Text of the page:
Religious Architecture and Borderland Histories: Great Kivas in the Prehispanic Southwest, 1000 to 1400 CE
AuthorDungan, Katherine Ann
AdvisorMills, Barbara J.
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PublisherThe University of Arizona.
RightsCopyright © is held by the author. Digital access to this material is made possible by the University Libraries, University of Arizona. Further transmission, reproduction or presentation (such as public display or performance) of protected items is prohibited except with permission of the author.
AbstractHistorically, archaeologists working on non-state societies have tended to interpret religion and large-scale religious architecture as necessarily integrative, that is, as naturalizing the social order or producing an abiding sense of community. I argue here that this focus on integration has limited our ability to understand how and why religion changed through time and how religion may have been a driver of social change. We will benefit from considering the political dimensions of religious practice in non-state societies as much as in more "complex" settings. This study explores the articulation of religious practice and religious architecture with social and spatial boundaries in the prehispanic U.S. Southwest. In particular, I examine variability and change in rectangular great kivas—large, semi-subterranean religious structures—in west-central New Mexico and east-central Arizona between 1000 and 1400 CE in relationship to socially diverse contexts that might be viewed as borderlands or frontiers. The study pulls together two broads strands of research. The first is an examination of the unusual great kiva at the thirteenth-century CE Fornholt site (LA 164471) near Mule Creek, New Mexico, in relation to the broader history of the surrounding Upper Gila area. This portion of the research is based on two seasons of excavation at Fornholt and on an examination of records and ceramic collections from the Upper Gila. I suggest that the Upper Gila may be considered a borderland or frontier through time and that viewing Fornholt as a borderland site sheds light on the site's material culture, including its great kiva. The second strand of research is a comparison of great kiva architecture and assemblages across the larger study area based on the examination of museum collections and the aggregation of published and unpublished architectural data. The broader study demonstrates that, while these great kivas make up a coherent tradition and fit within the larger world of southwestern religion, great kivas in borderland contexts show experimentation and change in ways that more centrally located great kivas do not. I argue that this diversity can be viewed in light of the negotiation of social boundaries in borderland contexts, including the role of great kivas as political venues or contested spaces.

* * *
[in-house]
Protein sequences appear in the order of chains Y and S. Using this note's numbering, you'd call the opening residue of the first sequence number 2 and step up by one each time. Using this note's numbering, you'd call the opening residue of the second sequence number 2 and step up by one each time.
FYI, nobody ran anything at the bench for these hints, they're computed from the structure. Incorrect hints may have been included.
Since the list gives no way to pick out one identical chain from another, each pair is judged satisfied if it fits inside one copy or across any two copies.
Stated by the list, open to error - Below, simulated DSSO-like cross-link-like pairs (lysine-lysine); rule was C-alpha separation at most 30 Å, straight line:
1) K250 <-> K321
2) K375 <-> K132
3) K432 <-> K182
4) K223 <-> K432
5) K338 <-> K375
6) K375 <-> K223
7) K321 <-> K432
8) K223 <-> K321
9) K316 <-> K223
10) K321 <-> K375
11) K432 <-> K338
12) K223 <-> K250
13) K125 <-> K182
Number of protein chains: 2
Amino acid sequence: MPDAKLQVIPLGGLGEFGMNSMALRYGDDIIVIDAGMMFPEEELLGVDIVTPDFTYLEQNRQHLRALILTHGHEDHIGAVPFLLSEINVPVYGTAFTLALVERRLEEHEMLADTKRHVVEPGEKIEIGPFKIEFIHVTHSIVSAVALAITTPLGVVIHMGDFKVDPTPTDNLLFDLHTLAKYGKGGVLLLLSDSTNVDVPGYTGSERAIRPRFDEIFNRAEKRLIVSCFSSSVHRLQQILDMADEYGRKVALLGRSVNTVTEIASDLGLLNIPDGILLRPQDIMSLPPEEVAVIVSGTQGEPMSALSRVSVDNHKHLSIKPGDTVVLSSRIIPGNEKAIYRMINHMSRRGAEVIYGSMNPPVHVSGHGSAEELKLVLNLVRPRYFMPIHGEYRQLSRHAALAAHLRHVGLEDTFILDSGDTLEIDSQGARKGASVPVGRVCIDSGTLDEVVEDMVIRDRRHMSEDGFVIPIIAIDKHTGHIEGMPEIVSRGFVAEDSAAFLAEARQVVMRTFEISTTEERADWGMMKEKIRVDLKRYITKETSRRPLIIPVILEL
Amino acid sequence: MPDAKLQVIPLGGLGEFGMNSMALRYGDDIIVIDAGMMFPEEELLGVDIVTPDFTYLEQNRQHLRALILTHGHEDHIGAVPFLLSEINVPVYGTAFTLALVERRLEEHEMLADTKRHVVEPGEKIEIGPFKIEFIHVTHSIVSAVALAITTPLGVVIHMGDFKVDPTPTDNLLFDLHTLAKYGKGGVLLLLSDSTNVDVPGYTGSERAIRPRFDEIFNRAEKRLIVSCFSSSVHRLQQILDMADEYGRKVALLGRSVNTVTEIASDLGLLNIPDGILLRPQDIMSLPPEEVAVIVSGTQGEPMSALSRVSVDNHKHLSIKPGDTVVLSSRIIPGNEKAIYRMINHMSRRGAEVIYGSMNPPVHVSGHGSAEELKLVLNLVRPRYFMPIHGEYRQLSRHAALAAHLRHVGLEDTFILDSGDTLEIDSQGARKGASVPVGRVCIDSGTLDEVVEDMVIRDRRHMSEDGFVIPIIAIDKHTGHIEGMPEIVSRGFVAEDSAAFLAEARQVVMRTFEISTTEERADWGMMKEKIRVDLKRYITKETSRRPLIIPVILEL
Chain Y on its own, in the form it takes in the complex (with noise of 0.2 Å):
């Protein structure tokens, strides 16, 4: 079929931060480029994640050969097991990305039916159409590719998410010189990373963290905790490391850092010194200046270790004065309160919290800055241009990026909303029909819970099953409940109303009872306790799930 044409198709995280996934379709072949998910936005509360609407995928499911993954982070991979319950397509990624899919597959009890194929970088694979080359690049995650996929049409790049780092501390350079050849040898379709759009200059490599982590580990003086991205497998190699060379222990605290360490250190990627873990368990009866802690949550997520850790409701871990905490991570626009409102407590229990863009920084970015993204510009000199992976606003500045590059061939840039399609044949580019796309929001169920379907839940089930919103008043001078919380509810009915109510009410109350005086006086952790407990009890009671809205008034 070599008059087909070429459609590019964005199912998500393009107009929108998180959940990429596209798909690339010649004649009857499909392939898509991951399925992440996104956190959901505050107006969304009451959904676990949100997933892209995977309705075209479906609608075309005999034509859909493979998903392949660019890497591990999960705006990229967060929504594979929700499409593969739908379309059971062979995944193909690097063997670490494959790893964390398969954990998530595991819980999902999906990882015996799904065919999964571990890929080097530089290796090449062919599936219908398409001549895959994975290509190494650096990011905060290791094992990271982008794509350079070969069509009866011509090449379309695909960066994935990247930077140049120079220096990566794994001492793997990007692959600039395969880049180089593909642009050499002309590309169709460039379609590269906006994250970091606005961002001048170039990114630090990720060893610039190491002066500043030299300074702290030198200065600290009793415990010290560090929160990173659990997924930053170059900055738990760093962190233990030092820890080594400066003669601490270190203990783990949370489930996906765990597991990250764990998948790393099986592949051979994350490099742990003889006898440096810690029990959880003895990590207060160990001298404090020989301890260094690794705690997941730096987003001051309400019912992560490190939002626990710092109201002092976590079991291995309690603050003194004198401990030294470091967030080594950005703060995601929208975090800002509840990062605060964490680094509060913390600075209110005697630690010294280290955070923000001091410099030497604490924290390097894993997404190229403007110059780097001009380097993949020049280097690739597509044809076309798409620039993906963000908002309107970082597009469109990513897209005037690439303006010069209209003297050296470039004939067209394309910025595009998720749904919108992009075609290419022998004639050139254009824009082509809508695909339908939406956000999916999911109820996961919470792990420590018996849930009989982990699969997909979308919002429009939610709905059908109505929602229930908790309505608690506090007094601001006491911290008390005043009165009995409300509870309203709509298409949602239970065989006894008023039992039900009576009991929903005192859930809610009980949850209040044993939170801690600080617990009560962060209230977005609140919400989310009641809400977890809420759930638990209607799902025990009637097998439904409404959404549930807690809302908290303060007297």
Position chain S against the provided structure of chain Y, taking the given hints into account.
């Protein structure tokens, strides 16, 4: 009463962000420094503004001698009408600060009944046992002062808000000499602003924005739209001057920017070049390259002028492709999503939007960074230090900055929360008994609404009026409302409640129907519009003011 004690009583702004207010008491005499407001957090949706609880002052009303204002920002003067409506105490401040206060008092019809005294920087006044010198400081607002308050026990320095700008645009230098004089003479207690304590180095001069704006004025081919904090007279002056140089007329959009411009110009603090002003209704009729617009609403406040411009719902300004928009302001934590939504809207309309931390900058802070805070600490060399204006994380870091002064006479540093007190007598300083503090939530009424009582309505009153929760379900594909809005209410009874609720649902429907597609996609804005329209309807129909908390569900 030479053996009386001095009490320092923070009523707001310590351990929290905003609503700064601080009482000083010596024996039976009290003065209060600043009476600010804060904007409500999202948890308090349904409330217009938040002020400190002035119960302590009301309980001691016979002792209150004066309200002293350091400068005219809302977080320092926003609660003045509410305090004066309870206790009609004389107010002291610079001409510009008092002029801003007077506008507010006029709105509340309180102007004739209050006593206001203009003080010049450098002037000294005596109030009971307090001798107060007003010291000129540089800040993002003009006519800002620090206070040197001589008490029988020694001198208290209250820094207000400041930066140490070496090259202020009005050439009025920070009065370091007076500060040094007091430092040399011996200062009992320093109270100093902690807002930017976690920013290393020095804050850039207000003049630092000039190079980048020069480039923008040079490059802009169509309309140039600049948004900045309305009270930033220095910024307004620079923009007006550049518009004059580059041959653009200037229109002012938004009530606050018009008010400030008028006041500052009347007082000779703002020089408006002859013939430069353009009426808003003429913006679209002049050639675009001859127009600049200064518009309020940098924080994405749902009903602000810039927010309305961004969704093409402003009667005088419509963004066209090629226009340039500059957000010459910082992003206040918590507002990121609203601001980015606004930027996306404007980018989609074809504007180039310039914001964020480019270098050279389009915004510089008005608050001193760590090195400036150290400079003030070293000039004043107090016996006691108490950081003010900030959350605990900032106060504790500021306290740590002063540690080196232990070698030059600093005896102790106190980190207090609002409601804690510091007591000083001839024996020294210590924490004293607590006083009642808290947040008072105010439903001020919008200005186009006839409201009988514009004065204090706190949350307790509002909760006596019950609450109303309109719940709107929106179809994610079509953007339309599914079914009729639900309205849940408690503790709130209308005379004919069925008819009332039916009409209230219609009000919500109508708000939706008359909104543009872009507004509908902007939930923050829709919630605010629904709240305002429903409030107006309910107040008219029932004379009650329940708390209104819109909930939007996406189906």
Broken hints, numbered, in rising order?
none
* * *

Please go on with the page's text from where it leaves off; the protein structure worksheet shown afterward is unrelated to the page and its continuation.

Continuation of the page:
Degree ProgramGraduate College